The SBS-Integrated Transit Map for NYC
This post is a text version of this YouTube video:
New York's subway system is quite easy to conceptualize, even if its intricacies are confusing at times. Signs in stations direct commuters towards their desired trains, which travel all around the city. The simplicity of this concept at its core is, in no small part, a consequence of having a clear, well designed map to navigate the system. Personally, I have a preference for the new Vignelli-style maps that the MTA has been producing, because it gives much better clarity of lines and their relationships between each other. It's also just a very clean, aesthetically pleasing design.
Compare this to NYC's bus map, and the difference is immensely striking. Since the bus system utilizes the street grid as its foundation, the map becomes very convoluted and hard to decipher. Despite the city's best attempts, I don't think there's any good way around this, because the sheer number of routes and their complexity prevent any map from reading as clearly as that of the subway system.
As a senior in the Barnard + Columbia Architecture program, I created a proposal for a system of elevated subways that interacted with street life in a way that intertwines public space and city programs with transit. This system is designed in such a way that it proposes a livable, sustainable, and engaging method of constructing elevated train structures in contrast to the current elevated lines that exist in NYC today.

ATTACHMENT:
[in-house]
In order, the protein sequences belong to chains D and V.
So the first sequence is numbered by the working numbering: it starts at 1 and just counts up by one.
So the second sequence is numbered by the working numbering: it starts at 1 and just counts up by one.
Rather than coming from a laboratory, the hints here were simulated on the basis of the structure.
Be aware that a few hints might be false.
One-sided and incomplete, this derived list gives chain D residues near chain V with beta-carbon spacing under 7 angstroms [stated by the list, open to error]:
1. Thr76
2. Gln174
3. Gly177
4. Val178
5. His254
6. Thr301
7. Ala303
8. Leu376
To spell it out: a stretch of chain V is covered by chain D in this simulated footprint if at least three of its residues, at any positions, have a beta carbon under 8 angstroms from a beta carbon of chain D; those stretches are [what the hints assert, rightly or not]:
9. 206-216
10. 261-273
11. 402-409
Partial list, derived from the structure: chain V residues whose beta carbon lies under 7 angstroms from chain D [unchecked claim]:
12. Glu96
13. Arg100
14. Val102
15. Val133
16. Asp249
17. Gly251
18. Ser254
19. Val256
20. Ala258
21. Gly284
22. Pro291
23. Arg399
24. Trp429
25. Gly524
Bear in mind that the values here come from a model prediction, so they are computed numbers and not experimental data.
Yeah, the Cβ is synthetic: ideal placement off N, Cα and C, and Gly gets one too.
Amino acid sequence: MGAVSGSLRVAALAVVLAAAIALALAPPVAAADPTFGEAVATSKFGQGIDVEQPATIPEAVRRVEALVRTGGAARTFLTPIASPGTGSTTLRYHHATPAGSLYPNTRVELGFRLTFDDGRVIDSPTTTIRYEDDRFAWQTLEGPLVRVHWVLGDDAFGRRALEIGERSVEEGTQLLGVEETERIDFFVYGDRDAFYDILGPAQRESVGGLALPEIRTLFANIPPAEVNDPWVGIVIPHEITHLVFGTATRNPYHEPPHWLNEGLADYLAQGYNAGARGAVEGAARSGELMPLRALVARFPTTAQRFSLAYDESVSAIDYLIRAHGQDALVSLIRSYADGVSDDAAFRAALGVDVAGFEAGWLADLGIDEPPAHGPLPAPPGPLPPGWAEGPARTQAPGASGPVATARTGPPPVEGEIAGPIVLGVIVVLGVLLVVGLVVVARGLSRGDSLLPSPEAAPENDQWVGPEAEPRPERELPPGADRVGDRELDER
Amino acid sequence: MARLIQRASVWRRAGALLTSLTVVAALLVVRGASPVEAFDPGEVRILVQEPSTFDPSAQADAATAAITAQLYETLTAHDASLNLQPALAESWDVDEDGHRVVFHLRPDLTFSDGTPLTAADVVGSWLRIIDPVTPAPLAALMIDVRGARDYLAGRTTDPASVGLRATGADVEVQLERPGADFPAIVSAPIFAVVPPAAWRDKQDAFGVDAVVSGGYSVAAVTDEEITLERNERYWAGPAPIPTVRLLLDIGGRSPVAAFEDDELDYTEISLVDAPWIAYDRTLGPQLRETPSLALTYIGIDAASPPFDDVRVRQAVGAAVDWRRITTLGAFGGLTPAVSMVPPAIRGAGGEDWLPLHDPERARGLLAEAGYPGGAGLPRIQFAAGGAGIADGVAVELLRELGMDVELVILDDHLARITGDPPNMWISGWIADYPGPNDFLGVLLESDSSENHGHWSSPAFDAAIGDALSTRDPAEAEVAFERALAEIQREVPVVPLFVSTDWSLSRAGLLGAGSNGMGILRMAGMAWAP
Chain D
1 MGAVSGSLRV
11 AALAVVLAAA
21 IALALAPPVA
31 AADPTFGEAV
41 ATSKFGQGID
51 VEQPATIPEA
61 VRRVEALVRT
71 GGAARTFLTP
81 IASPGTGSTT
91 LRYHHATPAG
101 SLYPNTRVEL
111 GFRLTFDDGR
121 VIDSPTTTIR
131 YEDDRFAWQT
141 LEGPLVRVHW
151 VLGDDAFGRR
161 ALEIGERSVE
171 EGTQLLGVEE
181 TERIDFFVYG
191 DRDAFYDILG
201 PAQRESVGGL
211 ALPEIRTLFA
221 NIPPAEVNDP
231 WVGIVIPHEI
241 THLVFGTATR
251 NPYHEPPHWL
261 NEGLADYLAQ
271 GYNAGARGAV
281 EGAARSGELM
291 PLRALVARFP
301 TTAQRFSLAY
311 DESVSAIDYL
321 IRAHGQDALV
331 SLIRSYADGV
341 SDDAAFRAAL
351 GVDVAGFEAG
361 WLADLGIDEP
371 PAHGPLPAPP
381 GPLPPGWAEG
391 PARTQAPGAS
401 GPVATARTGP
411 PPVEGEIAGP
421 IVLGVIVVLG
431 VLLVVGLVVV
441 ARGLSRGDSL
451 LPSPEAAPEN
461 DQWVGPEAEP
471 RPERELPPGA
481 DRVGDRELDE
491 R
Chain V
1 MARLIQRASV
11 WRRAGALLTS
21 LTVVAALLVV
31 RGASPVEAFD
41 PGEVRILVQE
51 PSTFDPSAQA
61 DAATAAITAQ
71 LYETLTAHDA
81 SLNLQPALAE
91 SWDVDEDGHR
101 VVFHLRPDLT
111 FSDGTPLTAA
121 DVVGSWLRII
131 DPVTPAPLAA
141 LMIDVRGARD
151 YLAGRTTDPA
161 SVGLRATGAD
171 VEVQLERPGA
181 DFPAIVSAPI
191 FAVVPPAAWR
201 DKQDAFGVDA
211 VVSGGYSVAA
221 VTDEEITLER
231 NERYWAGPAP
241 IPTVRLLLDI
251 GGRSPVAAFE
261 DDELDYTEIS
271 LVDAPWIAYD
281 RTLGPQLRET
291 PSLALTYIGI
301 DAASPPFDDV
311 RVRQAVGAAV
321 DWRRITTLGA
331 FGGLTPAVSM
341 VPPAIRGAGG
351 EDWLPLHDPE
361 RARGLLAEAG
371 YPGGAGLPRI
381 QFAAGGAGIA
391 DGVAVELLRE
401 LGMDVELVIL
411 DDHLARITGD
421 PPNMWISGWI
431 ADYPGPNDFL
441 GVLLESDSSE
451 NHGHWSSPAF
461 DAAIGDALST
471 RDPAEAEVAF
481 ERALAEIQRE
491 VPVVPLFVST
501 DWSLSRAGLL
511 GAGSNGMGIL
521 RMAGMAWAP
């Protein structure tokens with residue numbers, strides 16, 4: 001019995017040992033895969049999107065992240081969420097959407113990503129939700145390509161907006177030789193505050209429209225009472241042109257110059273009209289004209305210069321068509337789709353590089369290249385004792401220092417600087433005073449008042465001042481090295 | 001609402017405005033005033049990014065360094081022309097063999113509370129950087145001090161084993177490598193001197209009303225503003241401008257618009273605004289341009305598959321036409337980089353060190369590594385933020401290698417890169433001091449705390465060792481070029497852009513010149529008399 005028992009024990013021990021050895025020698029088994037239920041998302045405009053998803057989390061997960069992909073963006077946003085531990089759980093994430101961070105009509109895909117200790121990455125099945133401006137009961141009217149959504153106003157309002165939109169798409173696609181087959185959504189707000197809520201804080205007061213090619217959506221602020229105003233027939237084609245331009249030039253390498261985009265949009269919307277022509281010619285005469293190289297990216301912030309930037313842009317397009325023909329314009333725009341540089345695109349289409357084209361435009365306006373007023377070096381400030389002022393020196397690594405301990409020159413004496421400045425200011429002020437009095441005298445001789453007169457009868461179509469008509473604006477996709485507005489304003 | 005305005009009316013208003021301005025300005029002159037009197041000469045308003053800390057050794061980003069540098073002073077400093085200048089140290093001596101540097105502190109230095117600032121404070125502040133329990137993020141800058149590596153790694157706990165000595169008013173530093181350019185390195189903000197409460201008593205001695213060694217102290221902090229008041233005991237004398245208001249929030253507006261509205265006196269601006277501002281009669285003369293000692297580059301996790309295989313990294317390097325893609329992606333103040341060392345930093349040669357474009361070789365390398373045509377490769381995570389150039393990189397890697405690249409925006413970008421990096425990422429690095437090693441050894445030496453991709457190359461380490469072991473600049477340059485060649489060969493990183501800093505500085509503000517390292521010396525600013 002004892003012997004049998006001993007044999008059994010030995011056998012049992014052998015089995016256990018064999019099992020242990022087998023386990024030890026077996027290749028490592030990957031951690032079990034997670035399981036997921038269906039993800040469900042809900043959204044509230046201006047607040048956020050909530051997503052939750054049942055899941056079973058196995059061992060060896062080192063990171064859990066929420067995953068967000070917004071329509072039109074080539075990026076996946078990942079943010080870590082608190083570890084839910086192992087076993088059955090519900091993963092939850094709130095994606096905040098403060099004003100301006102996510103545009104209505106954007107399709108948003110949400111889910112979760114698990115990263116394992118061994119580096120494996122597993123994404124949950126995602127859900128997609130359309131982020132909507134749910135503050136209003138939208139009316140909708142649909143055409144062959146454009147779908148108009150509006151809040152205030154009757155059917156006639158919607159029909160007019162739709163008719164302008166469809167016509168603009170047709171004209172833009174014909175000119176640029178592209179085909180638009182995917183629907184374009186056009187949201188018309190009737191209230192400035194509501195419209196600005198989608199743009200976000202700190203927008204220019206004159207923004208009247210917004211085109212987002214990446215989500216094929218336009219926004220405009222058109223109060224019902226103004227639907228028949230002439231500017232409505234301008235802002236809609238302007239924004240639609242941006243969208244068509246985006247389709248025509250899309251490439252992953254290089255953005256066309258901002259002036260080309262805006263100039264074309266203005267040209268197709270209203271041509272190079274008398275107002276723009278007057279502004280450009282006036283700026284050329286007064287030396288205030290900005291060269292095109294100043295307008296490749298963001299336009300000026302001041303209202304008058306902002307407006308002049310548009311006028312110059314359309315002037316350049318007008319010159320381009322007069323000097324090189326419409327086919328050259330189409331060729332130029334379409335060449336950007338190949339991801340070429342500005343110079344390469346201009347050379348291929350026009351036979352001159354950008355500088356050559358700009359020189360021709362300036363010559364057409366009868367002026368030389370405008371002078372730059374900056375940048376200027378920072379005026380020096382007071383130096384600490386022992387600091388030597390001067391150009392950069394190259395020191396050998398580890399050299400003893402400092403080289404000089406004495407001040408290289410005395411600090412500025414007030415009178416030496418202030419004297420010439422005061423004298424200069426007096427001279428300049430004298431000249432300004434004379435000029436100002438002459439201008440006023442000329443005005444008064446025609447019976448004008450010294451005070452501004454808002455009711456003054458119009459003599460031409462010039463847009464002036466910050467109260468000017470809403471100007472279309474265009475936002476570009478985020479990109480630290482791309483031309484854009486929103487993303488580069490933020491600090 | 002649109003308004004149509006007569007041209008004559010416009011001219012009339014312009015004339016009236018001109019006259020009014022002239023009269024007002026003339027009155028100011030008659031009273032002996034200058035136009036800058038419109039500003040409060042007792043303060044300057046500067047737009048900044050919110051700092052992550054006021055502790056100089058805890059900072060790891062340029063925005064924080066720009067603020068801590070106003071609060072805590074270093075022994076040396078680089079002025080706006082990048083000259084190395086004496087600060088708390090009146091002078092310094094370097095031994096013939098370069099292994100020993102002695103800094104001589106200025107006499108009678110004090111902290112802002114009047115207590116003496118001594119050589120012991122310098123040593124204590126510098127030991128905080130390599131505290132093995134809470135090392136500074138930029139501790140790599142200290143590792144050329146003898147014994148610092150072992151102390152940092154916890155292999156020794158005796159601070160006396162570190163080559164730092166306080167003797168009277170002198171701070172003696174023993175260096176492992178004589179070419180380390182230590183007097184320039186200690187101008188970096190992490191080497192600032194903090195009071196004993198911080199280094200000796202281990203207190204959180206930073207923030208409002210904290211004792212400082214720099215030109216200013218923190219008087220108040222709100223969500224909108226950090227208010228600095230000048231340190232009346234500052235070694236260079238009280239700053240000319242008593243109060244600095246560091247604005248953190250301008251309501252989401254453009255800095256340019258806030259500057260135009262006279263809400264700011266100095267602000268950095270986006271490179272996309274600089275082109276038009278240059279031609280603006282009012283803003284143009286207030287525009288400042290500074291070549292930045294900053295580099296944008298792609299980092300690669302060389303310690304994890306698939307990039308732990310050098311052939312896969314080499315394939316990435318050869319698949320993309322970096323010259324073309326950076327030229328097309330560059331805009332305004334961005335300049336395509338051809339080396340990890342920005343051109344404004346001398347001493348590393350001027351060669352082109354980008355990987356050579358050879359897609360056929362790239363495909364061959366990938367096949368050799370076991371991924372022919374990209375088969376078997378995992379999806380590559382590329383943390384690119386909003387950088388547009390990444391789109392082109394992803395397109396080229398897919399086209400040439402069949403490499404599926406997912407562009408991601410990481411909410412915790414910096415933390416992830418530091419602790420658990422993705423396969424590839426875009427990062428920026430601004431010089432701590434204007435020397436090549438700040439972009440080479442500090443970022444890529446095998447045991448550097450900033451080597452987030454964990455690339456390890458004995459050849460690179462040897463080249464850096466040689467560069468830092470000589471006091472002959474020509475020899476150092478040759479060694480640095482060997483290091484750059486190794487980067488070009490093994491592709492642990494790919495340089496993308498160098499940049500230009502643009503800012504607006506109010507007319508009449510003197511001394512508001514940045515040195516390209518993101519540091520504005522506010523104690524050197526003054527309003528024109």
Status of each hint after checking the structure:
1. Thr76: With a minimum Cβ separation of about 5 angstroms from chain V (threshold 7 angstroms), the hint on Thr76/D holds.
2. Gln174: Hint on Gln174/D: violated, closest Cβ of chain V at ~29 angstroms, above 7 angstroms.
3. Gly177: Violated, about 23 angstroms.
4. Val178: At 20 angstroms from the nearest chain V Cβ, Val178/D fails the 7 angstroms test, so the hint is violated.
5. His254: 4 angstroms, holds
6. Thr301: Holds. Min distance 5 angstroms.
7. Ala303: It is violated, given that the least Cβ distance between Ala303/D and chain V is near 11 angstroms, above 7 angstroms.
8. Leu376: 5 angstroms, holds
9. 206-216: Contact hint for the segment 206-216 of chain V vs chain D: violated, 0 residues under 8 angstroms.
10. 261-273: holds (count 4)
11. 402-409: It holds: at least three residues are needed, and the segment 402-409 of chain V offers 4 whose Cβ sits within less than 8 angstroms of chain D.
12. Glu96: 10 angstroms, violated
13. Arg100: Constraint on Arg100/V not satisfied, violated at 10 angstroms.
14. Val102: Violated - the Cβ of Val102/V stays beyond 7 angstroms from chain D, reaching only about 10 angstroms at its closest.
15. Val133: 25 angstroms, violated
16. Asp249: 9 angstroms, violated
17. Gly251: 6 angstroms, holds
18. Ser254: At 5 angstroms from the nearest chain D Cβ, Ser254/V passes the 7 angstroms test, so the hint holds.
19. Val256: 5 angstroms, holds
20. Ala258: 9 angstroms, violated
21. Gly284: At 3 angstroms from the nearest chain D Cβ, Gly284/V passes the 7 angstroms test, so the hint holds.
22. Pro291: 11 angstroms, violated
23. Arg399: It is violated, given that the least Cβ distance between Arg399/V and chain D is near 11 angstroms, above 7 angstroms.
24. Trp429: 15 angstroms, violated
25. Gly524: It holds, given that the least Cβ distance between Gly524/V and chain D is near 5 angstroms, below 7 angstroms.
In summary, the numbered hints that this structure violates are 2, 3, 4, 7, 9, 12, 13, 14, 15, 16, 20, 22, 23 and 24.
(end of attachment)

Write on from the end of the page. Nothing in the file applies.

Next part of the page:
Click the button below to read the full report, or keep on reading for a brief overview!
Is the 2nd Avenue Subway Flawed?
This post is adapted from a YouTube video that I created: https://www.youtube.com/watch?v=fIERh_9qieA
I recently took a trip to one of the cavernous stations on the brand new 2nd avenue Subway in New York City. Its mere existence is astonishing given all the roadblocks there were to getting it built in the first place, and the stations themselves certainly feel worthy of a modern metro system. But there's still something wrong, or at least disappointing, about the way in which these stations conceive of the relationship between a city, it's people, and their transportation. So what exactly makes this a bad design?